Monster Hunter: World has item use while moving, base camps to change equipment, more details

Even more information on the newly announced console game.

Monster Hunter: World

More details on Capcom’s newly announced Monster Hunter: World have come out via E3 2017 interviews published by Game Watch and Dengeki Online.

Here are all the notable tidbits:

  • Planning included, the development period has been about four years.
  • The game engine is a reworked, next-generation MT Framework. It has been tuned up quite a bit, and although it is not the official name, they call it the “World Engine.”
  • As for why they’re making this, there were a lot of requests to play Monster Hunter on a home console, especially PlayStation 4.
  • Capcom combined the good parts of what it has cultivated so far with the existing concept of proper monster ecosystem depiction to create the concept of Monster Hunter: World. So this is a Monster Hunter game through and through. With that as the base, Capcom is putting in gameplay systems in the manner of, “let’s add this” or “let’s change here.”
  • The subtitle, “World,” means that it can be played worldwide, and that you can jump into the world of Monster Hunter as a hunter. That is the concept. As it is time to reevaluate Monster Hunter, they’re putting game concepts in titles instead of numbers. Monster Hunter: World feels like a numbered title.
  • There are currently no plans for a Switch version.
  • There are 14 weapon types.
  • The size of each field you visit during quests is 2.5-times the size of previous Monster Hunter fields. Each area is seamlessly connected and appears as one giant field.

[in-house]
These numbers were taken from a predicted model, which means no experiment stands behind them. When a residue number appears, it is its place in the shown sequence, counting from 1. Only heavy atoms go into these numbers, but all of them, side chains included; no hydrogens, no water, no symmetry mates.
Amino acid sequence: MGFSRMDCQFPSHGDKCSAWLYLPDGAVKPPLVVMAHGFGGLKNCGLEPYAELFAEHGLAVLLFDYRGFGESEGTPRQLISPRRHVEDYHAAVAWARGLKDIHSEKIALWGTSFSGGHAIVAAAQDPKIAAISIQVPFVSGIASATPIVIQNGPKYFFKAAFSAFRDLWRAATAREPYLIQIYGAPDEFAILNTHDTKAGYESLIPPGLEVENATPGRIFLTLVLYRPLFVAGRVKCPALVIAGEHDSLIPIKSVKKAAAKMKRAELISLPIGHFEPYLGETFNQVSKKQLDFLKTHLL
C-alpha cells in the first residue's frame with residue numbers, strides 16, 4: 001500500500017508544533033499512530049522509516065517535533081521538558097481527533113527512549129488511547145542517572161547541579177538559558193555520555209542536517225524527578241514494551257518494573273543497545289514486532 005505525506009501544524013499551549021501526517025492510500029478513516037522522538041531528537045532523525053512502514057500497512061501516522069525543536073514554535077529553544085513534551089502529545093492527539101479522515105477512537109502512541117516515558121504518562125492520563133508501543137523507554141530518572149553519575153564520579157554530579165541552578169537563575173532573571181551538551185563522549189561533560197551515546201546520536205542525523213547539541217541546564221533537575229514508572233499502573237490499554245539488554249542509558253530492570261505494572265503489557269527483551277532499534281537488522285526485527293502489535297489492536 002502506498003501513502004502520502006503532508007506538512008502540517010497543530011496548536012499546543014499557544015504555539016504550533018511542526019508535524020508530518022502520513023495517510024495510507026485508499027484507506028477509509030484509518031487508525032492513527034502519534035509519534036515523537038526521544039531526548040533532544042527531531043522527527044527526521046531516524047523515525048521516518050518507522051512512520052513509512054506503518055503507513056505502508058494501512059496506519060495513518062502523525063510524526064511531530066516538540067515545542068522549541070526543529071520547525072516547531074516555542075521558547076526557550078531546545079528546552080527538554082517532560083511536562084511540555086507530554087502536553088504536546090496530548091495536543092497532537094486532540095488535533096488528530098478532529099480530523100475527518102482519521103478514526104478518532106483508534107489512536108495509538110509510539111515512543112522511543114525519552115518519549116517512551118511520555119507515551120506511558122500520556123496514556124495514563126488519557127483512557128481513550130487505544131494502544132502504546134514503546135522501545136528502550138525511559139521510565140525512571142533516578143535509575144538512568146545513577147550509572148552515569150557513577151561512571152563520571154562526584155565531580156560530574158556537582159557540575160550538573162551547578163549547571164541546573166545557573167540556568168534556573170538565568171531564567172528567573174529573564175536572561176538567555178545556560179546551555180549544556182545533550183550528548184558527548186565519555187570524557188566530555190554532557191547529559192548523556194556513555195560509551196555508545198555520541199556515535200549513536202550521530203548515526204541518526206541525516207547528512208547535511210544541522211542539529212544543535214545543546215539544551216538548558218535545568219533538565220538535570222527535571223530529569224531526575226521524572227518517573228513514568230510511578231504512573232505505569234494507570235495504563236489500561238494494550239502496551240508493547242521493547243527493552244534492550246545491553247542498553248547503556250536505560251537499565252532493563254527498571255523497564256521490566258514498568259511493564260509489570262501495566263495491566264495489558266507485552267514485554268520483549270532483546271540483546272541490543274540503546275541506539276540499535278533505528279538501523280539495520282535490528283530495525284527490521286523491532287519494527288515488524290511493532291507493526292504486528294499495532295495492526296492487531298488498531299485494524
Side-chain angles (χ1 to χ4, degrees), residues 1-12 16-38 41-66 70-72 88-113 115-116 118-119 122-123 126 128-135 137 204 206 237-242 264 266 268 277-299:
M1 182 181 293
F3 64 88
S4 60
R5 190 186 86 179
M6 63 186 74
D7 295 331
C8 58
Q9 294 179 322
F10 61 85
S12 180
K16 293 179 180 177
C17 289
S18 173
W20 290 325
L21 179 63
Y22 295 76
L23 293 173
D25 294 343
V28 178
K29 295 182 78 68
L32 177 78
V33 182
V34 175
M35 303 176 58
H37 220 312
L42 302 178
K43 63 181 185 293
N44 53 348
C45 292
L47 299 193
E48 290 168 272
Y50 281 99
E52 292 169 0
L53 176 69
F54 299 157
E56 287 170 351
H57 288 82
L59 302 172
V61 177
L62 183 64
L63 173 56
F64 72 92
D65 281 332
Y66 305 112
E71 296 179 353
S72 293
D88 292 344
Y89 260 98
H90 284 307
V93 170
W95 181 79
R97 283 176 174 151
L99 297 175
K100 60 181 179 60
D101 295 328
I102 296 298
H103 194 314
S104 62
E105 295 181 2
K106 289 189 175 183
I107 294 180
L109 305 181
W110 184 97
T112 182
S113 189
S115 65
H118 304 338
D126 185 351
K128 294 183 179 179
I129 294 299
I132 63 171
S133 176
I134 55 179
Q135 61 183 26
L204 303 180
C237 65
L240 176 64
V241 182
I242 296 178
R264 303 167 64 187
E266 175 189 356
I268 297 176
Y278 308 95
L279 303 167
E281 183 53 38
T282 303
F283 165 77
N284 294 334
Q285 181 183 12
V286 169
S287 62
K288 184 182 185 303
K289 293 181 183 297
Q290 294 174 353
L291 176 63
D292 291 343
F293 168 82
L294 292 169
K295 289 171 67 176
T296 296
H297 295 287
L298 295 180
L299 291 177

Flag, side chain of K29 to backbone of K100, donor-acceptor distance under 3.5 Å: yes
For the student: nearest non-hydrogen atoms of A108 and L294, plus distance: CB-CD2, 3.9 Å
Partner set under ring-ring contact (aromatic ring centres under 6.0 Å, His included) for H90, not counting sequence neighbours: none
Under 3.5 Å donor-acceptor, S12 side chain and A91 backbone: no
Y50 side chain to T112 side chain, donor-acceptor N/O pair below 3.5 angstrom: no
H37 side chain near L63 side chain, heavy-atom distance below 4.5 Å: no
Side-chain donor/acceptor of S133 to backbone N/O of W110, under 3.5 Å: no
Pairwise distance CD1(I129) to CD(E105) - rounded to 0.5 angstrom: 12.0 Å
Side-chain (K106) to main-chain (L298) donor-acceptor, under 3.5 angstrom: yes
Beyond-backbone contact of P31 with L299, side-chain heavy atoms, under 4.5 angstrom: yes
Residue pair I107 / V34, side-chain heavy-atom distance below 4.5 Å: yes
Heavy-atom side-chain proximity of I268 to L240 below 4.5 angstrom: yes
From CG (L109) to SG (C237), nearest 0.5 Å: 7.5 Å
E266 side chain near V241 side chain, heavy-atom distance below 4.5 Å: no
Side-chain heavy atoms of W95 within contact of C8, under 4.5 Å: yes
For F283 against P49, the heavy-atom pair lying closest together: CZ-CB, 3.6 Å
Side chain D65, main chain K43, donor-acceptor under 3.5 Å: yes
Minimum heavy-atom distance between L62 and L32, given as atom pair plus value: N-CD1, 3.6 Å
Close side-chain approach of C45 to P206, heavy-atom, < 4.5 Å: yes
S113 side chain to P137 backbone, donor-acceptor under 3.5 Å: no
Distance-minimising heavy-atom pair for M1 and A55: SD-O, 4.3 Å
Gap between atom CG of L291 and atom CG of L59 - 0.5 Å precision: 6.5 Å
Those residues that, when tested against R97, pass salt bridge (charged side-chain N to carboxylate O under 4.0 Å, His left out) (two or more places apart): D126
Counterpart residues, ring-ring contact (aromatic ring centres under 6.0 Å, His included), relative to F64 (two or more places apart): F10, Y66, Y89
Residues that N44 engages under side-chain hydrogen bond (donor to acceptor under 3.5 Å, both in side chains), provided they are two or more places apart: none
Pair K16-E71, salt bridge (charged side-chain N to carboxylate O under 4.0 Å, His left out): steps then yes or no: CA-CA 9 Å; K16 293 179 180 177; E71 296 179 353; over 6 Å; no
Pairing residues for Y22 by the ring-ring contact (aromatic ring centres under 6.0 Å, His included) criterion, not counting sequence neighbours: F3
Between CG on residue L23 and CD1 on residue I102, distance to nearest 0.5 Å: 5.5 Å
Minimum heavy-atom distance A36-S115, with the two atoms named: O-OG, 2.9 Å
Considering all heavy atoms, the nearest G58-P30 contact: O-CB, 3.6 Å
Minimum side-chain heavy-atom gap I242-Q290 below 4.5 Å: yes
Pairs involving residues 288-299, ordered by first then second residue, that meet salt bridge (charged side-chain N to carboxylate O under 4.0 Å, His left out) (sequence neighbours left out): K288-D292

• Capcom is making an environment with dense fields, where things will happen and you’ll make various discoveries by simply walking around.
  • With the game being seamless, you cannot use methods such as “escaping to the next area to get yourself in order,” so they’re lightening up on actions such as recovering and eating while walking and mid-action cancellations.
  • The monster ecosystem has, to some extent, a hierarchical relationship. Since each monster has their own territory, they usually do not interfere with one another, but it is possible to lure them out of their territory and run into another monster. By making use of the environment like this, you can hunt while limiting the use of items and such. Rathalos stands at the top of the hierarchy in the ancient forest area seen in the trailer.
  • There are several base camps. You can also fast travel to move instantly.
  • You can change your equipment at base camps, even if you are in the middle of a quest.
  • The game proceeds in the same cycle of previous games, where you enter the field as a quest to achieve your objective. Achieving your objective will yield rewards.
  • There is a “Guidance Insect” that plays the role of a hunting dog. The Guidance Insect will tell you of usable items and traces of monsters (footprints, scratches, etc.) in the area, and following those traces will lead you to the whereabouts of that monster. The more traces there are, the clearer the guidance. Also, if you tag a place, the insect will guide you until you get there.